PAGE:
Intuitive Machines is targeting February 14th for the launch of IM-1, the first flight of its NOVA-C robotic moon lander as part of NASA’s Commercial Lunar Payload Services (CLPS) initiative. The spacecraft, christened Odysseus, aims to carry six NASA payloads to Malapert A, a crater near the lunar South Pole. The initial window lasts for three days this month, with all opportunities resulting in a landing on February 22nd; should the launch delay, the next window opens in March. The mission comes soon after the inaugural flight of the CLPS program, Astrobotic’s Peregrine Mission One, which failed to reach the lunar surface following a propellant leak shortly after launch. During a media briefing on Wednesday, January 31st, NASA and Intuitive Machines expressed optimism for the upcoming flight, amidst many questions surrounding the policy of the CLPS initiative as a whole.
Beginning in 2018, NASA selected a pool of fourteen commercial vendors to provide landing services under the CLPS initiative for a variety of government payloads. Each provider may bid on particular task orders to deliver payloads to a specific destination on the lunar surface. Many companies, including Intuitive Machines, have opted to develop one or more common lander platforms to provide consistent service to the Moon. NASA also encourages providers to offer landing services to commercial payloads, as part of its broader effort to stimulate a lunar economy. Notably, NASA leadership has established a relaxed attitude towards risk under CLPS, maintaining that failures are an acceptable part of the development of the commercial lunar environment.
The six NASA payloads aboard Odysseus on the IM-1 mission consist of both scientific experiments, including a radio astronomy instrument and a laser retroreflector, as well as technology demonstrations in support of future Moon landings. These include tests of novel communication and navigation systems, sensors for landing plume characterization, and new methods for monitoring cryogenic propellants, such as the liquid methane and oxygen employed by the NOVA-C lander. A full list of these NASA payloads and their principal investigators can be found in the mission’s press kit.
During the pre-flight mission briefing, Trent Martin, Vice President for Space Systems at Intuitive Machines, offered insight into the commercial side of this early CLPS mission. Martin noted that, while NASA remained the clear “anchor customer” for near-term flights such as IM-1, commercial payloads already provide a “reasonable” portion of the overall mission revenue. Speaking on the economic value of these payloads, Martin highlighted Intuitive Machines’ partnership with Columbia Sportswear, involving an exchange of information about the company’s proprietary insulation material. Normally used in outdoor clothing, swaths of Columbia’s “Omni-Heat Infinity” material provide insulation for the Odysseus spacecraft. Columbia has since leveraged this experience to reduce weight in its own products, which Martin cited as an example of innovation extending beyond the traditional aerospace industry. Further information about the commercial payloads aboard IM-1 are provided by the Intuitive Machines website.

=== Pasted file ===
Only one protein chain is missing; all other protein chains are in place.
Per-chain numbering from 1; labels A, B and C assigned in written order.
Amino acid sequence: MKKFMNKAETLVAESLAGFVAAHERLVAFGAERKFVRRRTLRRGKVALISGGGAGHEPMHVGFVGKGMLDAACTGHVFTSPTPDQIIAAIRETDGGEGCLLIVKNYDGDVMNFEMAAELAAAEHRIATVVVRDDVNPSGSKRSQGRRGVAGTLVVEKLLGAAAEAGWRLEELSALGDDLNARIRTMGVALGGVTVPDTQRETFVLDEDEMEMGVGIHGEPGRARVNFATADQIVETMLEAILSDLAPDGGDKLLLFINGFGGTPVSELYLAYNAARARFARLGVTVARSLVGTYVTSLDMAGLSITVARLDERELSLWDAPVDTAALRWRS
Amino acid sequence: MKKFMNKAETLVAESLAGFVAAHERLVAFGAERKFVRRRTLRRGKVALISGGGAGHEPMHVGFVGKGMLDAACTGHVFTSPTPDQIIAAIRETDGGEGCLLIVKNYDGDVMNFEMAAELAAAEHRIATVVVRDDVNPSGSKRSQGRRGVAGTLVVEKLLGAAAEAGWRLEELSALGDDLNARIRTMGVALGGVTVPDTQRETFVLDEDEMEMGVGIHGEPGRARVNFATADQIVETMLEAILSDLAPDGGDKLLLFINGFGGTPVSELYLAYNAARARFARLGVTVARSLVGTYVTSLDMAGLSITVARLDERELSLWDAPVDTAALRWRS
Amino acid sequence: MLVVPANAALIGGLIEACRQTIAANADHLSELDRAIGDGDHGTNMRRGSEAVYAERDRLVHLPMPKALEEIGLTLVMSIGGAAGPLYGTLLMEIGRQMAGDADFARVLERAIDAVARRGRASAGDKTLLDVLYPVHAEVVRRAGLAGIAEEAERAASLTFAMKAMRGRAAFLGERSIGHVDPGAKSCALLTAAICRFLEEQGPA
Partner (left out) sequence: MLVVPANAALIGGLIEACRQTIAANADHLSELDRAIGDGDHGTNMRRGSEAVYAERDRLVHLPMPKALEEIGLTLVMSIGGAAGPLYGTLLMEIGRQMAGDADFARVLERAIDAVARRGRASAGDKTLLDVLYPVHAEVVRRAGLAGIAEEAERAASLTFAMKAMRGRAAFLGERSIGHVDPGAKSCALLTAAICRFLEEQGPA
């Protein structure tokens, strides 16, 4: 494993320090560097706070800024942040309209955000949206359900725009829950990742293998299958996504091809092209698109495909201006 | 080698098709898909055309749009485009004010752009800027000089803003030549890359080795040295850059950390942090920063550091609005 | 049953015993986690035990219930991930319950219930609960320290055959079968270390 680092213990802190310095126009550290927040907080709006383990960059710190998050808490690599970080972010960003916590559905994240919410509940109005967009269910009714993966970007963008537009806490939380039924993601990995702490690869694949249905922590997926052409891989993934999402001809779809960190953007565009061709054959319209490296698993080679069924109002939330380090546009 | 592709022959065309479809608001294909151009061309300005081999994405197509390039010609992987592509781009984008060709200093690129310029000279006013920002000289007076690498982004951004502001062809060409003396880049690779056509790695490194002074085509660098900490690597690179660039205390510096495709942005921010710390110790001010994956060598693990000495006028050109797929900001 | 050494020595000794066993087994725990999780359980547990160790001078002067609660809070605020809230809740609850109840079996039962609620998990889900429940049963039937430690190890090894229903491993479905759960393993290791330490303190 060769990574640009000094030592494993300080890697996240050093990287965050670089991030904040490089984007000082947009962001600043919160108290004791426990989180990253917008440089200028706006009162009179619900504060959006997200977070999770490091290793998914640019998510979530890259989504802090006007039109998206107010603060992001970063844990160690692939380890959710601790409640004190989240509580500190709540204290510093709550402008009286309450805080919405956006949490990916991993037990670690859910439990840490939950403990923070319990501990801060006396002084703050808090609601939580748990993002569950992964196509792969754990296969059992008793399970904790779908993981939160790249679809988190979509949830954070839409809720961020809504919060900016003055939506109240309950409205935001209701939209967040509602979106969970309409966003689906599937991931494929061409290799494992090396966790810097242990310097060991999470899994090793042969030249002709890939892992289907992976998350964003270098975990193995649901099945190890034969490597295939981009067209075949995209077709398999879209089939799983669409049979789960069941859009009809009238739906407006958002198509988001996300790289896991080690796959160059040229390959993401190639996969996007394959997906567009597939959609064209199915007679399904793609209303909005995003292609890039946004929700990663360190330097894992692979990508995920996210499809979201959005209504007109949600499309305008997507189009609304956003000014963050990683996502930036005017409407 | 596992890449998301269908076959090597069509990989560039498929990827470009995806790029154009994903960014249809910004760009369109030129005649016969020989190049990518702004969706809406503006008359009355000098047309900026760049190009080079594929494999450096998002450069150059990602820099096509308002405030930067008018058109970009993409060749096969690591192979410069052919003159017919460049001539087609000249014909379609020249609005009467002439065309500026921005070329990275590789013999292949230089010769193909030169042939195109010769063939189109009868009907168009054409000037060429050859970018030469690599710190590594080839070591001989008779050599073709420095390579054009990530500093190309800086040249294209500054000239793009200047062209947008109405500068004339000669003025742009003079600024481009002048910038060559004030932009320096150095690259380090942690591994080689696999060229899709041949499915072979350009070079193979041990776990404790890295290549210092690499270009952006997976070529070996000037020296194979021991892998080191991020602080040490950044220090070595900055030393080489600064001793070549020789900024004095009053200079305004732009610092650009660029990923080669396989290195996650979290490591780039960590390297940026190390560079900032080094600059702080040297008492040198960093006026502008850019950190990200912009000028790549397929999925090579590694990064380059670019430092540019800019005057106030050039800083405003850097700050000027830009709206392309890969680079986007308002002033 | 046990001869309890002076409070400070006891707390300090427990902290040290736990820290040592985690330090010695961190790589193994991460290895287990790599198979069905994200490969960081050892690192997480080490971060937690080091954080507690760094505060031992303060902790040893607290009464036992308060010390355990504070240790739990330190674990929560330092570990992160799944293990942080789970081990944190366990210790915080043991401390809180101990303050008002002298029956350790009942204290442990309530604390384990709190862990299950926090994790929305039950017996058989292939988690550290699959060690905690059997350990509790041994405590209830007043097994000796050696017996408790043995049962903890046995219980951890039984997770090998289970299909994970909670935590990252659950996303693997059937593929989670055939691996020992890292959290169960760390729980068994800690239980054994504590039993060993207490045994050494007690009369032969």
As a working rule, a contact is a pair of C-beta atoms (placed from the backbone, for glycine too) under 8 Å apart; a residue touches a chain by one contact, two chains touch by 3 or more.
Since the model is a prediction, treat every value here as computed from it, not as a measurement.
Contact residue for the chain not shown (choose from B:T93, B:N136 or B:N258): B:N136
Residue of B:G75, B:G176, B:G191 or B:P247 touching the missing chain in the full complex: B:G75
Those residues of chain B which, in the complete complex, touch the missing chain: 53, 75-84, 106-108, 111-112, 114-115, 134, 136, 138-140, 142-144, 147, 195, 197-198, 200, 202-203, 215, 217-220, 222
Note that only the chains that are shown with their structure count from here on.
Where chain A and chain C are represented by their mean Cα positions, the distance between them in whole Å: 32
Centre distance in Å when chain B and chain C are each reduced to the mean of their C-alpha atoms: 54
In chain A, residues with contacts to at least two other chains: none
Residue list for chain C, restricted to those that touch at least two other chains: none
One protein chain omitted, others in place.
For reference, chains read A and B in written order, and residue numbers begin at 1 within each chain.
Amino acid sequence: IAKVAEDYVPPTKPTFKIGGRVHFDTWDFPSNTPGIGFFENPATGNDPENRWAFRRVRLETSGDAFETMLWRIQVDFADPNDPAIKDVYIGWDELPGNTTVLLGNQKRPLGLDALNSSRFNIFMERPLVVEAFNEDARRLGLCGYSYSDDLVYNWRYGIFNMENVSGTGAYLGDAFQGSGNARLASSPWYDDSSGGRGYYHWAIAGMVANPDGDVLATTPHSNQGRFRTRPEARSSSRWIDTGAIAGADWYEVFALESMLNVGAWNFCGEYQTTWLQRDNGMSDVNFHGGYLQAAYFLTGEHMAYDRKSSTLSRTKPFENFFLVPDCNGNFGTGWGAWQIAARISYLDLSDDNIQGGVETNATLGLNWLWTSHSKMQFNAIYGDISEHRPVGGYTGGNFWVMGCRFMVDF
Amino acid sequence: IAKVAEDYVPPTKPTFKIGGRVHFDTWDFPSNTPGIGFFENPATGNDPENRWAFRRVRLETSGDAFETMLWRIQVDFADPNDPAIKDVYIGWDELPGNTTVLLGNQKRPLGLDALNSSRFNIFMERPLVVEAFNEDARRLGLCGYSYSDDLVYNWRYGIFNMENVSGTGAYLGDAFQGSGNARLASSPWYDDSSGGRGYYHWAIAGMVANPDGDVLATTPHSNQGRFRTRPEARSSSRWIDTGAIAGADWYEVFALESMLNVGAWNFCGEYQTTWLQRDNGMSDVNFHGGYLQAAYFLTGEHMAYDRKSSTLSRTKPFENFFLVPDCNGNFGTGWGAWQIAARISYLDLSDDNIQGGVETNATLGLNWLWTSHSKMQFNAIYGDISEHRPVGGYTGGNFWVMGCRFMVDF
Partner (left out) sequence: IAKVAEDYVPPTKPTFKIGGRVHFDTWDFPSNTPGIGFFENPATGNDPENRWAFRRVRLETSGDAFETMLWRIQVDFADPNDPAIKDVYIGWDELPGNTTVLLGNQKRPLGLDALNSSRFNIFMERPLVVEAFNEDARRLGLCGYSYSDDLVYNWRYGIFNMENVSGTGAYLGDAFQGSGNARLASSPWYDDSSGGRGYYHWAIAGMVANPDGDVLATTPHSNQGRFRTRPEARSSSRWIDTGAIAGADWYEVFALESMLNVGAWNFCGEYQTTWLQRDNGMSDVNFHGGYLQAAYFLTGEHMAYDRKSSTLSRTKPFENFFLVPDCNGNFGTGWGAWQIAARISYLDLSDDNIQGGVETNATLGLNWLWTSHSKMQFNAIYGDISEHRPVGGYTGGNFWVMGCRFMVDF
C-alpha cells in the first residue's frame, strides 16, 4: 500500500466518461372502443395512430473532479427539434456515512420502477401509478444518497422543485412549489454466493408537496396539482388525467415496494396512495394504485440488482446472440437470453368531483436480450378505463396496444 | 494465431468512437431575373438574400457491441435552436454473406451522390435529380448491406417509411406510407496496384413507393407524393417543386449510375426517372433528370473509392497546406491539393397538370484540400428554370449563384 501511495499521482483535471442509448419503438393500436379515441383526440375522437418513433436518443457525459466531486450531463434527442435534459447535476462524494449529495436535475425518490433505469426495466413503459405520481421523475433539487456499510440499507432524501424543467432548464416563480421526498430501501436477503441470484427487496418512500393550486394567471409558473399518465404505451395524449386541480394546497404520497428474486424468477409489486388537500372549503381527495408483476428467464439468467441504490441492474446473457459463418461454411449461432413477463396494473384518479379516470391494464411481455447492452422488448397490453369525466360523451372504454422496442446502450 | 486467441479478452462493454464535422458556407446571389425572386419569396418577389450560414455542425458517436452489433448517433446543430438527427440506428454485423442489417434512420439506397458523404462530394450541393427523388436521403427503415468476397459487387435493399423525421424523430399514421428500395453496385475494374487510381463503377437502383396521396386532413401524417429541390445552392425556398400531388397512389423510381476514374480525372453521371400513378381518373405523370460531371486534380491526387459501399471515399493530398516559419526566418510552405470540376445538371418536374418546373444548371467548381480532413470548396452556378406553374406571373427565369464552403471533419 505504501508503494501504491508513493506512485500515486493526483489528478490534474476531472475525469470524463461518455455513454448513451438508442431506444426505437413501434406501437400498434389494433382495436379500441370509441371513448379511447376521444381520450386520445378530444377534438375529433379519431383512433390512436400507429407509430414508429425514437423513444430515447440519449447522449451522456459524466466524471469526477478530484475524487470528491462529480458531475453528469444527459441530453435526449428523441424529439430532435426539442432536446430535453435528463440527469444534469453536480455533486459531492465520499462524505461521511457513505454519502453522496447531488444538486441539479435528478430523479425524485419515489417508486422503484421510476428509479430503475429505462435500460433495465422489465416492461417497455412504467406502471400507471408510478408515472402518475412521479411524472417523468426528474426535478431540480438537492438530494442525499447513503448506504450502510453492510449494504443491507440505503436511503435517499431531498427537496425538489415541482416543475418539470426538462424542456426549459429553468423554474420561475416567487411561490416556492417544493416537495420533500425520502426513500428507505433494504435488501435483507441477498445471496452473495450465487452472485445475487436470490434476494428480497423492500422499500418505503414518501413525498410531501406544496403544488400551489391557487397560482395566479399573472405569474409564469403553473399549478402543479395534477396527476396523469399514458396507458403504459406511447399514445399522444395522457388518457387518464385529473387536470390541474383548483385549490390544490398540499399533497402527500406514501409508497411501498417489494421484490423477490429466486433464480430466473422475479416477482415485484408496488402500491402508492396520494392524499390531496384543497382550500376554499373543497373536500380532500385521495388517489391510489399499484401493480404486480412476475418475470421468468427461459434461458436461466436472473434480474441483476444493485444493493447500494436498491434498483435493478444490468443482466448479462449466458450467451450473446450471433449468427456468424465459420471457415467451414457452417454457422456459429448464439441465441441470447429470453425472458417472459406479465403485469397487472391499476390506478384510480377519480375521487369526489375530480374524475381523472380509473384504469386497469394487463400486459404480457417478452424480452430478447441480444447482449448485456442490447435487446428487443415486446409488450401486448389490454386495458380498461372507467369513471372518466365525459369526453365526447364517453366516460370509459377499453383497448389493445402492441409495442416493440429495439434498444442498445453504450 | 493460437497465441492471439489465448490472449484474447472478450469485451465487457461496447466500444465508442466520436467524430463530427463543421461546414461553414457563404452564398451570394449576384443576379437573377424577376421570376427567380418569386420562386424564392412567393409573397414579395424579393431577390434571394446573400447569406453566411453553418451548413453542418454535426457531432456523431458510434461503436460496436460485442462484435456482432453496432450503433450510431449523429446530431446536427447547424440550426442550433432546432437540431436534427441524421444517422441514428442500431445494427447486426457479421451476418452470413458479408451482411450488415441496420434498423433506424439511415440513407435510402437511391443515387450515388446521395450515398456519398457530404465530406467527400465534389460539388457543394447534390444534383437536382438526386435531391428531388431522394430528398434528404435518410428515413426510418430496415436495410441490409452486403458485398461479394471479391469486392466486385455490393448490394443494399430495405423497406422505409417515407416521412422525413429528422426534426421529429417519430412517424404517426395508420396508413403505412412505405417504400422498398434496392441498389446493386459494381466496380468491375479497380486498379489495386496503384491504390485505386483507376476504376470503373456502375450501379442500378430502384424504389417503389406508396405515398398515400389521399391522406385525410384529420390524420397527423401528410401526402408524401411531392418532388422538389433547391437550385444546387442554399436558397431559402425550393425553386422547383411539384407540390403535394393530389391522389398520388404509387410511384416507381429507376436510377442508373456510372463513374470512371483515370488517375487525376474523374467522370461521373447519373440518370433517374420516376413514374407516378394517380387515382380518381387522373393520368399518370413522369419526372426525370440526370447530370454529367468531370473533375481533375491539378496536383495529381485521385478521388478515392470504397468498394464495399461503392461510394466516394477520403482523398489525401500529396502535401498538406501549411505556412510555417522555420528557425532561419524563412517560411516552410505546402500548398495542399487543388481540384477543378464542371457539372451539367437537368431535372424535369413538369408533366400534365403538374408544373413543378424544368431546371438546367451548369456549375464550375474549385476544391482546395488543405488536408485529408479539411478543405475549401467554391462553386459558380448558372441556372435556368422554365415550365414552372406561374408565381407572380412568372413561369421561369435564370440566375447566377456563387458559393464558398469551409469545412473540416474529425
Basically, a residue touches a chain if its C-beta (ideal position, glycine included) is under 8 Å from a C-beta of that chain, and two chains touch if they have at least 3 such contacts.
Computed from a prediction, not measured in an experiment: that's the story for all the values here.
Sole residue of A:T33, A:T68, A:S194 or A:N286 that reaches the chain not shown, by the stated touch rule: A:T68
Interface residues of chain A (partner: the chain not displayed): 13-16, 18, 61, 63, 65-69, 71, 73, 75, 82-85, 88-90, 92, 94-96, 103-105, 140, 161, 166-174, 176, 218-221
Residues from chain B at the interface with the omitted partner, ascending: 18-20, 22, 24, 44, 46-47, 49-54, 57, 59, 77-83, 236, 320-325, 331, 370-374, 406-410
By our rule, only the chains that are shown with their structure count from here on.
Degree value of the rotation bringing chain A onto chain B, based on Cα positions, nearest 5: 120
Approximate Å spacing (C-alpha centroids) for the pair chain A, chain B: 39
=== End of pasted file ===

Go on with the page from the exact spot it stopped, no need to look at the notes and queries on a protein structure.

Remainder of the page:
The nature of these commercial payloads, which fall beyond the purview of NASA regulation, has already raised scrutiny. Astrobotic’s Peregrine Mission One carried a commercial payload from Celestis which intended to land cremated human remains on the Moon. This plan drew controversy from the Navajo Nation, which considered it a desecration of a sacred celestial body. NASA had previously agreed not to conduct such acts without first consulting the Navajo people; Celestis’ first payload carried ashes to the Moon aboard the Lunar Prospector spacecraft in 1999, sparking a similar incident.
Though the remains aboard Peregrine never made it to the surface, Navajo Nation President Buu Nygren expressed disappointment and frustration at NASA’s apparent failure to honor their agreement. In a statement leading up to the launch, President Nygren lamented the “disconnection between the agency and the commercial entities it works with,” and opined that “NASA does not bear responsibility for the actions of these entities.”
Several members of the press echoed these concerns during the IM-1 briefing, probing whether NASA could veto a similarly upsetting payload. Joel Kearns, Deputy Associate Administrator for Exploration in NASA’s Science Mission Directorate, maintained that CLPS flights are commercial missions, not NASA missions, and that NASA has yet to establish guidance regulating commercial lunar payloads. However, Kearns acknowledged the grievances of the Navajo Nation, and stated that the incident had prompted a larger discussion between US government agencies regarding future policy. The conversation highlights a potential conflict of interest for NASA, which seeks to encourage a free market in space while upholding values reflective of its people. This tension manifests itself in commercialization efforts across multiple NASA programs, and finding a palatable resolution may prove crucial to the agency’s future ambitions.